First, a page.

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Eat Weight Disord. 2017 Sep;22(3):421-433. doi: 10.1007/s40519-017-0403-z. Epub 2017 Jun 2.

Night eating syndrome and its association with weight status, physical activity, eating habits, smoking status, and sleep patterns among college students.

Author information

1
Department of Human Environmental Studies, Central Michigan University, Wightman 108, Mt. Pleasant, MI, 48859, USA. yahia1n@cmich.edu.
2
Department of Biostatistics, Boston University, 801 Massachusetts Avenue, Boston, MA, 02118, USA.
3
Department of Human Environmental Studies, Central Michigan University, Wightman 108, Mt. Pleasant, MI, 48859, USA.
4
Department of Public Health and Family Medicine, Tufts University School of Medicine, 136 Harrison Avenue, Jaharis 264, Boston, MA, 02111, USA.
5
Department of Psychology, Touro College and University System, New York, NY, USA.
6
Mt Sinai St. Luke's Hospital, S&R, 11th Floor, Rm 1136, New York, NY, 10025, USA.
7
Department of Psychiatry, Mt. Sinai School of Medicine, New York, NY, USA.

Abstract

BACKGROUND:

Night eating syndrome (NES) is characterized by evening hyperphagia and/or nocturnal ingestion.

OBJECTIVE:

The main objective of this study was to assess the percentage of students complying with symptoms and behaviors consistent with the diagnostic criteria for NES, and explore its association with body mass index (BMI), dietary habits, physical activity, smoking status, and sleep patterns, among a sample of college students.

METHODS:

A cross-sectional survey was conducted among a sample of 413 undergraduate students, mean age of 20.6 ± 1.68 SD, at Central Michigan University. Students completed an online survey including demographic information and the Night Eating Diagnostic Questionnaire (NEDQ) and Pittsburgh Sleep Quality Index Questionnaire (PSQI). Participants were grouped based on self-reporting of the presence and frequency of night eating-related symptoms and behaviors related to the diagnostic criteria for NES as follows: normal, mild night eater, moderate night eater, and full-syndrome night eater. Pearson's Chi-squared, Student's t test, and Wilcoxon rank-sum test were used to test the association between students with and without any night eating behavior in relation to BMI, lifestyle variables, and sleep duration/quality.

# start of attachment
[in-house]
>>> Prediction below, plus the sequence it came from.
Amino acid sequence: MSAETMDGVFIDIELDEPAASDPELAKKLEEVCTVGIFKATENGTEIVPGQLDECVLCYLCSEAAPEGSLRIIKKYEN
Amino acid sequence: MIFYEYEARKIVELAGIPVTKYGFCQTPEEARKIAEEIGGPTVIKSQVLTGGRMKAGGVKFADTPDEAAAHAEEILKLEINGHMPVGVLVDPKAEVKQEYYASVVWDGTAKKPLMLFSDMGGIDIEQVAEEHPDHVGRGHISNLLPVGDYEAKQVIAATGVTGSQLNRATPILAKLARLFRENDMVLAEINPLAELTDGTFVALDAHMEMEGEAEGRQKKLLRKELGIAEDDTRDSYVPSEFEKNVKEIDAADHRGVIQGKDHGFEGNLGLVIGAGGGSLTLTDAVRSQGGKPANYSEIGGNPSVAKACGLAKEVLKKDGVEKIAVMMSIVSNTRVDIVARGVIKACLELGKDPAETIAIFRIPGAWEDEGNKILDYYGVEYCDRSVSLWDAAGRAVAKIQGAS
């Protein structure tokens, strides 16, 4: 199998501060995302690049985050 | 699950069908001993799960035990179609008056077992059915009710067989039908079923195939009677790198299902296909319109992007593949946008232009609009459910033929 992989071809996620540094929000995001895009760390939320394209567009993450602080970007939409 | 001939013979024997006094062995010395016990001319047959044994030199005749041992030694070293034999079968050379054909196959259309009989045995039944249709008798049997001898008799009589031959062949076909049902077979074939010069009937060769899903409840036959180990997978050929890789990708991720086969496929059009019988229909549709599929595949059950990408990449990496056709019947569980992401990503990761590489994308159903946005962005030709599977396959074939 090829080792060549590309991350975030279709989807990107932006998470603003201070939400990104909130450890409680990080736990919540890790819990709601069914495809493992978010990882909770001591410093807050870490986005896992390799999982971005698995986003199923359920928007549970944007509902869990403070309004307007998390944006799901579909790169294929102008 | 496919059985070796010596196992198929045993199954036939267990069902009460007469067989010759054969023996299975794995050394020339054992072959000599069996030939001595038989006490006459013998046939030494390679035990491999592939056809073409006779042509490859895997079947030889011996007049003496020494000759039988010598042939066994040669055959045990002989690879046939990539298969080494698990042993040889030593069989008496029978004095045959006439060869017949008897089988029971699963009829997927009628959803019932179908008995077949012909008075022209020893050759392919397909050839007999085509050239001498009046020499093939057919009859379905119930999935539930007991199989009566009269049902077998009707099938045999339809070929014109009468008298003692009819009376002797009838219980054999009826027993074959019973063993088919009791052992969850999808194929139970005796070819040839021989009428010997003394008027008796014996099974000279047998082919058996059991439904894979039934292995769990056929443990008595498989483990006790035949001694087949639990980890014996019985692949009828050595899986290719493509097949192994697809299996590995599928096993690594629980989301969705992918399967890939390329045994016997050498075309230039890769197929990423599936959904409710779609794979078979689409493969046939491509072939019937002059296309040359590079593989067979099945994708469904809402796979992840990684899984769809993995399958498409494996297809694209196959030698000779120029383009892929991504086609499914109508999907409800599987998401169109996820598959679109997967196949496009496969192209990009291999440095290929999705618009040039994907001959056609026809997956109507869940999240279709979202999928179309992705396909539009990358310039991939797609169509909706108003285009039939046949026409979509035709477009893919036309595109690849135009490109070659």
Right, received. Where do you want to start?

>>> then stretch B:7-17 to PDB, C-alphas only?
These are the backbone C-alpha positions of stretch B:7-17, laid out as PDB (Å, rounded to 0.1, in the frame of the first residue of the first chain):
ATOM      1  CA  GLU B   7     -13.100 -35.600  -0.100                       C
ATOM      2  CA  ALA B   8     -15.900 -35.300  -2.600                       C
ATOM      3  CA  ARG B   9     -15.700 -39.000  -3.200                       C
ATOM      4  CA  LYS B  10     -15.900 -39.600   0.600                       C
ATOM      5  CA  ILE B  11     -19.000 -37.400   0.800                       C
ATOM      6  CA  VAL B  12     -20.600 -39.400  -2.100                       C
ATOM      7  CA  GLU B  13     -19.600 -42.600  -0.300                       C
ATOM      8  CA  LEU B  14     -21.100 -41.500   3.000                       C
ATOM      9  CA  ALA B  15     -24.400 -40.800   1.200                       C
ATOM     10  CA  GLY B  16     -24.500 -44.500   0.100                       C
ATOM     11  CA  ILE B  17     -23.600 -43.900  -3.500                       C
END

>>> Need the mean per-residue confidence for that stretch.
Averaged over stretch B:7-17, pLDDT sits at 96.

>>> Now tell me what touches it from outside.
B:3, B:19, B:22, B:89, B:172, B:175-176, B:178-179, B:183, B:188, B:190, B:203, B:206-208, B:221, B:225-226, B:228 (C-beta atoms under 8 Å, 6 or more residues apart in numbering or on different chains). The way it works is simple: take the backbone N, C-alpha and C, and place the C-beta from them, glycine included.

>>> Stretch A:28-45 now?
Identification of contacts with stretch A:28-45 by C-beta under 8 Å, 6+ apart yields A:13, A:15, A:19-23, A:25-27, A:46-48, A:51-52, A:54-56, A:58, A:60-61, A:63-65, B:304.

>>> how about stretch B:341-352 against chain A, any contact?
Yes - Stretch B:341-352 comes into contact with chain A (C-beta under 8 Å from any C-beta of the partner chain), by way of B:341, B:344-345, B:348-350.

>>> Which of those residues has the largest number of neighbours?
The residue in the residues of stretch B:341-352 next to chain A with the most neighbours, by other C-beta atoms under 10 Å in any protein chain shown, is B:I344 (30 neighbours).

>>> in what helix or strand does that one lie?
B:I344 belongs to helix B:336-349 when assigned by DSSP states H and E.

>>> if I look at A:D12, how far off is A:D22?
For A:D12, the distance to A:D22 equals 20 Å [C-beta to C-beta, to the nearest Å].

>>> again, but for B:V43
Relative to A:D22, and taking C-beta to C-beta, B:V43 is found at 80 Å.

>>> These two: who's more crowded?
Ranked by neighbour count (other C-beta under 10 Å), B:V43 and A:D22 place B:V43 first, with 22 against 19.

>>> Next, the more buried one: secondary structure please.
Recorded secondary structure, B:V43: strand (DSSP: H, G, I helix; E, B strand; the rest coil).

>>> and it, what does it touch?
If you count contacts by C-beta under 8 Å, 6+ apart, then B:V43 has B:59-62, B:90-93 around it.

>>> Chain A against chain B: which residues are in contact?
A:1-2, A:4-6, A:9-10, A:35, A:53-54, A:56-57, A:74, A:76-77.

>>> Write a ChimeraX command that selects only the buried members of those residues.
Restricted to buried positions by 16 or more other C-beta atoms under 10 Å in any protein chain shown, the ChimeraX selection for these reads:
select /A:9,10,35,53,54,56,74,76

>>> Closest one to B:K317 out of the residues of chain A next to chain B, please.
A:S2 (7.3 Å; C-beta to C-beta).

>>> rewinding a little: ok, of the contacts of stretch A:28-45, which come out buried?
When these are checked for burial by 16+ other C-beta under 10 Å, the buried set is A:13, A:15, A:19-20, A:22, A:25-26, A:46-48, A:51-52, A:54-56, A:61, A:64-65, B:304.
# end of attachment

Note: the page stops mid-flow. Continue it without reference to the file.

RESULTS:

Results showed that the proportion of students complying with symptoms and behaviors consistent with full-syndrome of NES was 1.2%. There were no significant differences between students complying with symptoms and behaviors consistent with any level of NES and those without any night eating behavior regarding BMI, eating habits, physical activity, and smoking status. NES was significantly related to sleep duration (P = 0.023). Students complying with symptoms consistent with any level of NES reported shorter sleep time and had higher total PSQI score (6.73 ± 4.06) than students without the syndrome (5.61 ± 2.61) (P = 0.007).

CONCLUSION:

Although the percentage of students complying with full-syndrome NES was relatively low in our student sample, those students had shorter sleep time and poorer sleep quality than the other groups. However, it is unclear whether evening hyperphagia is a response to a lack of sleep or vice versa, and further research is needed.

LEVEL OF EVIDENCE:

Level III, case-control analytic study.

KEYWORDS:

Eating disorders; NEDQ; Night Eating Diagnostic Questionnaire; Night eating syndrome; Obesity; Sleep quality; University students

PMID:
28573425
DOI:
10.1007/s40519-017-0403-z
[Indexed for MEDLINE]

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